These exercises are intended for intermediate to advanced students of
English who realise they have a problem understanding the meaning of
Phrasal Verbs, i.e. verb + preposition or adverb combinations such as give up, turn off.
Native speakers almost never have problems understanding phrasal verbs,
even new combinations which have only recently been invented. They don’t
need to look them up in a dictionary because native speakers have an
internal mechanism which enables them to discover the meaning autonomously.
Each word of the phrasal verb combination spontaneously evokes an image
in their minds which, when applied to the situation in which they hear
or see the words used, suggests the new meaning to them. The new meaning
does not come from nowhere, it is closely related to the old meanings
in each part of the phrasal verb. Non-native speakers can learn to function
in the same way.
Many words evoke spontaneous images in the minds of native speakers.
This is particularly true of words which refer to physical, spacial
events or relationships, e.g. go, jump, up, round.
We are in direct contact with the physical world through our senses
: seeing, feeling, hearing, tasting, smelling. When words evoke images
in our minds of the physical world we have a direct feeling of their
meaning without needing to use intellectual analysis or translate through
another language. In general, by intermediate level, the common motion
verbs evoke images for English students that are the same as, or reasonably
close to, those they evoke for native speakers. This is often not the
case for certain preposition/adverb particles - words such as over,
at, about where images from their native language continue
to be spontaneously evoked. Fortunately, unlike verbs, they are limited
in number and those frequently used to form phrasal verbs even fewer
- about a dozen or so.
To describe non-physical, non-spacial events and relationships (time,
emotion, economics, for example) all languages use metaphors taken from
the physical world. This is particularly true in the case of phrasal
verbs which often have both a physical and a metaphorical or derived
meaning, sometimes even several metaphorical meanings depending on the
context in which they are used. (e.g. He made up a story.
She made up her face.) In nearly all cases, being able
to evoke the physical image helps to find the metaphorical or derived
on understanding phrasal verbs
The problem for
the English student is first of all understanding the meaning of the
preposition/adverb particle, words such as on, in, for; knowing whether they are used as prepositions or adverbs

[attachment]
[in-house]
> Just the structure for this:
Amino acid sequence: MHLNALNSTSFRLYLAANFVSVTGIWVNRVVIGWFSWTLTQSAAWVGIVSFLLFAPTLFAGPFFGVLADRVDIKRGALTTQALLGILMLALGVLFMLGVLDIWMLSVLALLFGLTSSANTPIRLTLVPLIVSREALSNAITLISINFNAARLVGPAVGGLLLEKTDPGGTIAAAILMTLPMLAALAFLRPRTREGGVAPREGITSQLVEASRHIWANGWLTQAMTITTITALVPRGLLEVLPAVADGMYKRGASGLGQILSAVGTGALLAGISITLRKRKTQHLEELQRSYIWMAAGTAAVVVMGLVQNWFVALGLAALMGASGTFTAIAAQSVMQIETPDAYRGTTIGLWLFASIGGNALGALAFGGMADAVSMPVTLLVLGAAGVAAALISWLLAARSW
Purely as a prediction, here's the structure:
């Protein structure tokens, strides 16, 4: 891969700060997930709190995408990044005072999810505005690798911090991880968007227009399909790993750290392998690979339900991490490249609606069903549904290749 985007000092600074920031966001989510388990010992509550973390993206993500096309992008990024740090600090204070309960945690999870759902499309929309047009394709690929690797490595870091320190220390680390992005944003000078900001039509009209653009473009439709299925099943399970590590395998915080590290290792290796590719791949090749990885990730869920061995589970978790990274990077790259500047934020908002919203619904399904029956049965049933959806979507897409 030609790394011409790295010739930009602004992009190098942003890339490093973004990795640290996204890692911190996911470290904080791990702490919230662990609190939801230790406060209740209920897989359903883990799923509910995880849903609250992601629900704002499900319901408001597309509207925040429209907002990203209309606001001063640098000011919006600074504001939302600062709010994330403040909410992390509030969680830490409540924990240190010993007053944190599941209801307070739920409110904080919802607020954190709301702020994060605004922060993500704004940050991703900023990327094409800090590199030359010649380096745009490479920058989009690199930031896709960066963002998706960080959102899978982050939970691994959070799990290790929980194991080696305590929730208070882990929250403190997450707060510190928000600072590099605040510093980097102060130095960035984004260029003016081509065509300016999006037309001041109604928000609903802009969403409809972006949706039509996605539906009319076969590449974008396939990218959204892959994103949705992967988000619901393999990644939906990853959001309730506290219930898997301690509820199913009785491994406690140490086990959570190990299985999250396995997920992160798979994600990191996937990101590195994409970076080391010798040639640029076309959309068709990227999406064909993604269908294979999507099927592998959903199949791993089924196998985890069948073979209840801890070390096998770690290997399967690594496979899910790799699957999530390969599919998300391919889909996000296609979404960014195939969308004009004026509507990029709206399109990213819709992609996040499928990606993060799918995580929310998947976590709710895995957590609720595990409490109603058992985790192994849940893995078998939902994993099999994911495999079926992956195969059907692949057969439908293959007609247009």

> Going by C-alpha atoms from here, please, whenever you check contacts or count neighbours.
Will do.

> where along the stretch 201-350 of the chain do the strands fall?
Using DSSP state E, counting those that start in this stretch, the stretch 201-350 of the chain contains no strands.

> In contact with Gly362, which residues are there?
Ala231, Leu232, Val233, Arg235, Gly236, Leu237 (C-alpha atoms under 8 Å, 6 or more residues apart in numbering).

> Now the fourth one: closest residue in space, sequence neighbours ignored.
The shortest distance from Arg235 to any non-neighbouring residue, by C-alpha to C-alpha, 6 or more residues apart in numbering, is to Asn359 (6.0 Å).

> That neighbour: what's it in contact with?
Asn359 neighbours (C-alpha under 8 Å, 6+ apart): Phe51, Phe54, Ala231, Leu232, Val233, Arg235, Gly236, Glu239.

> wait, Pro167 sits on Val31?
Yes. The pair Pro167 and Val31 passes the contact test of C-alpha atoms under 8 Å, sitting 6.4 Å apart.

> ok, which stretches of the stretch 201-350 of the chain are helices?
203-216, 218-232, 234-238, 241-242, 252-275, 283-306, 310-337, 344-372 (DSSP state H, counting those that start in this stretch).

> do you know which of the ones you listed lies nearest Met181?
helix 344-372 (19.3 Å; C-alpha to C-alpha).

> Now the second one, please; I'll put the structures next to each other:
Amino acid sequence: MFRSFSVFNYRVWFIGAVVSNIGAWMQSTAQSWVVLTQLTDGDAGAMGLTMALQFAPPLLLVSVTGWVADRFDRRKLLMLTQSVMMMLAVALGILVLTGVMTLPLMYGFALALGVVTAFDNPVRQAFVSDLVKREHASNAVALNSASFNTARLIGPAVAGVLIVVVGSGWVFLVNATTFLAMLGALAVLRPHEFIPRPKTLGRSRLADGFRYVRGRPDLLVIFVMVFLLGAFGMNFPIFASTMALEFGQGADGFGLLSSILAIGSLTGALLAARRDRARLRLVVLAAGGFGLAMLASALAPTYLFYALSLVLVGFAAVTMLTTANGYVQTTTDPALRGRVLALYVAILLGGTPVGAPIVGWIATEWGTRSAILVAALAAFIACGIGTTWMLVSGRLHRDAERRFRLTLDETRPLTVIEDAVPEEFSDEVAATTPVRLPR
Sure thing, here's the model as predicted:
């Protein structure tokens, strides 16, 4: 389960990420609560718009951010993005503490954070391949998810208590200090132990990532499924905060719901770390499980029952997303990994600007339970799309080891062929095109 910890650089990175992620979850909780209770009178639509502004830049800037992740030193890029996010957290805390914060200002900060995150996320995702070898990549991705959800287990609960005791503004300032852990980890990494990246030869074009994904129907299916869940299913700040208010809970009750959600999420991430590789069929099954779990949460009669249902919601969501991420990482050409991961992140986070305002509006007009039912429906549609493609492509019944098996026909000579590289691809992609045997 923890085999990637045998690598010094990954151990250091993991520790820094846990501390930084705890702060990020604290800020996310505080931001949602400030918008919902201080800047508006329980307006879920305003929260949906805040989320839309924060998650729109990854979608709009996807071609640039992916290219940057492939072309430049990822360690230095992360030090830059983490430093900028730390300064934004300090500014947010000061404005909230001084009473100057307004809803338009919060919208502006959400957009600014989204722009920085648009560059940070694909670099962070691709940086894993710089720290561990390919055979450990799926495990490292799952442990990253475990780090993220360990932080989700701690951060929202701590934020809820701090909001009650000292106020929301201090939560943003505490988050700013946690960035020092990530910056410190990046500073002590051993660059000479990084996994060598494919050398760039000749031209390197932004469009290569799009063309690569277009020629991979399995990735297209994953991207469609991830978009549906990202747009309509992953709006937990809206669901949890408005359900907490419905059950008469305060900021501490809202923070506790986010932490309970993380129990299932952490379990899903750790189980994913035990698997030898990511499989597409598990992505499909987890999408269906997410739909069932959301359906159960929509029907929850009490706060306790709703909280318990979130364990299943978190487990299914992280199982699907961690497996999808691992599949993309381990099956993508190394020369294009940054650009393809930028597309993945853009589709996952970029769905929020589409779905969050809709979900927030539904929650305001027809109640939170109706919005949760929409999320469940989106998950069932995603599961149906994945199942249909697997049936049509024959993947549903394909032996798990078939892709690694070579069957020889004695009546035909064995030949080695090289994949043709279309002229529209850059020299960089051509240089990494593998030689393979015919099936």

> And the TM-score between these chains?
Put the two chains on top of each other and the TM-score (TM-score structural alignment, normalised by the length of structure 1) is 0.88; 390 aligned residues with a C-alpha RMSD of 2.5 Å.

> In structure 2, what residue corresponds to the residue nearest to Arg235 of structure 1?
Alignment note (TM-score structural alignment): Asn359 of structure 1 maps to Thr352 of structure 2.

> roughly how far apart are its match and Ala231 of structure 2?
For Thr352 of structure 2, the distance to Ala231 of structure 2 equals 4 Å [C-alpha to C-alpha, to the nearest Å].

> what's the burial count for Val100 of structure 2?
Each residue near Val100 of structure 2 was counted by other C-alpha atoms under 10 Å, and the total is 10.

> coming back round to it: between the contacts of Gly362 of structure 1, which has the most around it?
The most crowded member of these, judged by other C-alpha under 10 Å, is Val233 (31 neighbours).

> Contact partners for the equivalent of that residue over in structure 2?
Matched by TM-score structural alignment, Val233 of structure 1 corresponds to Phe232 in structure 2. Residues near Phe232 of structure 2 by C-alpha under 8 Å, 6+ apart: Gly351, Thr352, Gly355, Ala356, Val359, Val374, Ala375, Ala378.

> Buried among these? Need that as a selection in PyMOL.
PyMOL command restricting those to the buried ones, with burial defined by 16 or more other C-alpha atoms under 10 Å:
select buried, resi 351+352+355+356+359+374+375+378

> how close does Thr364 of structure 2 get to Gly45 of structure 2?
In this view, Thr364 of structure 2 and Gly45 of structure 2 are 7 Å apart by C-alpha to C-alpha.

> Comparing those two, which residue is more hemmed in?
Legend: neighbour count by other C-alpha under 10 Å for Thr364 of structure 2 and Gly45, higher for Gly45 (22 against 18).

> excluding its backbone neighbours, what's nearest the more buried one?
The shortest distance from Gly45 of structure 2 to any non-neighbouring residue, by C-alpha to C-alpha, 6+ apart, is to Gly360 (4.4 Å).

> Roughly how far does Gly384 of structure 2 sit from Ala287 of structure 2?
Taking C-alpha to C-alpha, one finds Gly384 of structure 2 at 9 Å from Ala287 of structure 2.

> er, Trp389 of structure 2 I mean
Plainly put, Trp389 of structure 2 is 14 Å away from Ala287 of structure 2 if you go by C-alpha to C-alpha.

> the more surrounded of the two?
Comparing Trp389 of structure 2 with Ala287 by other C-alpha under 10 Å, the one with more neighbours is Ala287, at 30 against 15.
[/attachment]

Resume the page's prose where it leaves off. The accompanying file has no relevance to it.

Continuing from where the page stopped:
is a secondary problem. In these exercises we concentrate on their meaning,
not their grammatical function. To understand these particles students
need to realise that :
as their name
indicates, preposition/adverb particles are linking words which
serve to situate two or more people or objects in relation to each
other, e.g.: “The man in the house.”
“The hat on the chair.”,
the basic meaning
of these particles is nearly always a physical, spacial one,
this means that
they usually evoke a very precise image, or series of related physical
images, in the mind of a native speaker,
are frequently used in metaphorical or derived senses,
they are frequently added to verbs of movement (and a few other
are usually Anglo-saxon in origin,
it is frequently
possible to paraphrase an Anglo-saxon verb + postposition/adverb
by a prefix + verb of Latin origin.
For example: say
again = repeat, go
on = continue,
images contained in the Anglo-saxon verb + postposition/adverb are
usually still vivid to a native speaker, these are preferred in
conversation, while the prefix + verb words of Latin origin are
more common in formal, ‘distant’ writing and speaking,
some verbs of
Latin origin, because they have been fully integrated into the language,
can also be followed by a postposition/adverb.
For example, impose
on, turn over, move
are constantly inventing new combinations of motion verb (sometimes
other common verbs) + postposition/adverb, usually in a metaphorical
sense. Other English speakers seldom have any problem in working
out what they mean in a given context, (Example: Dr Kelly accused
the government of sexing up the dossier
on Iraqi weapons of mass destruction.)
are sure of evoking the same images as native speakers of both the
verb and the postposition/adverb, they too will understand these
combinations (except for a limited number of instances where, because
the meanings of words change over the centuries, certain images
are no longer immediately accessible to modern speakers of English.
Words of Latin origin are even more opaque for most English speakers.),
in certain verb
+ postposition/adverb combinations, the meaning of the verb and
the postposition/adverb are such that the combined effect is not
to create a really new meaning, but just to reinforce the meaning
of the verb. For example: “Drink up!” “Come
the right images is the key to understanding Phrasal Verbs.
2001- 2007 Glenys Hanson, Centre de linguistique appliquée,
12 août, 2008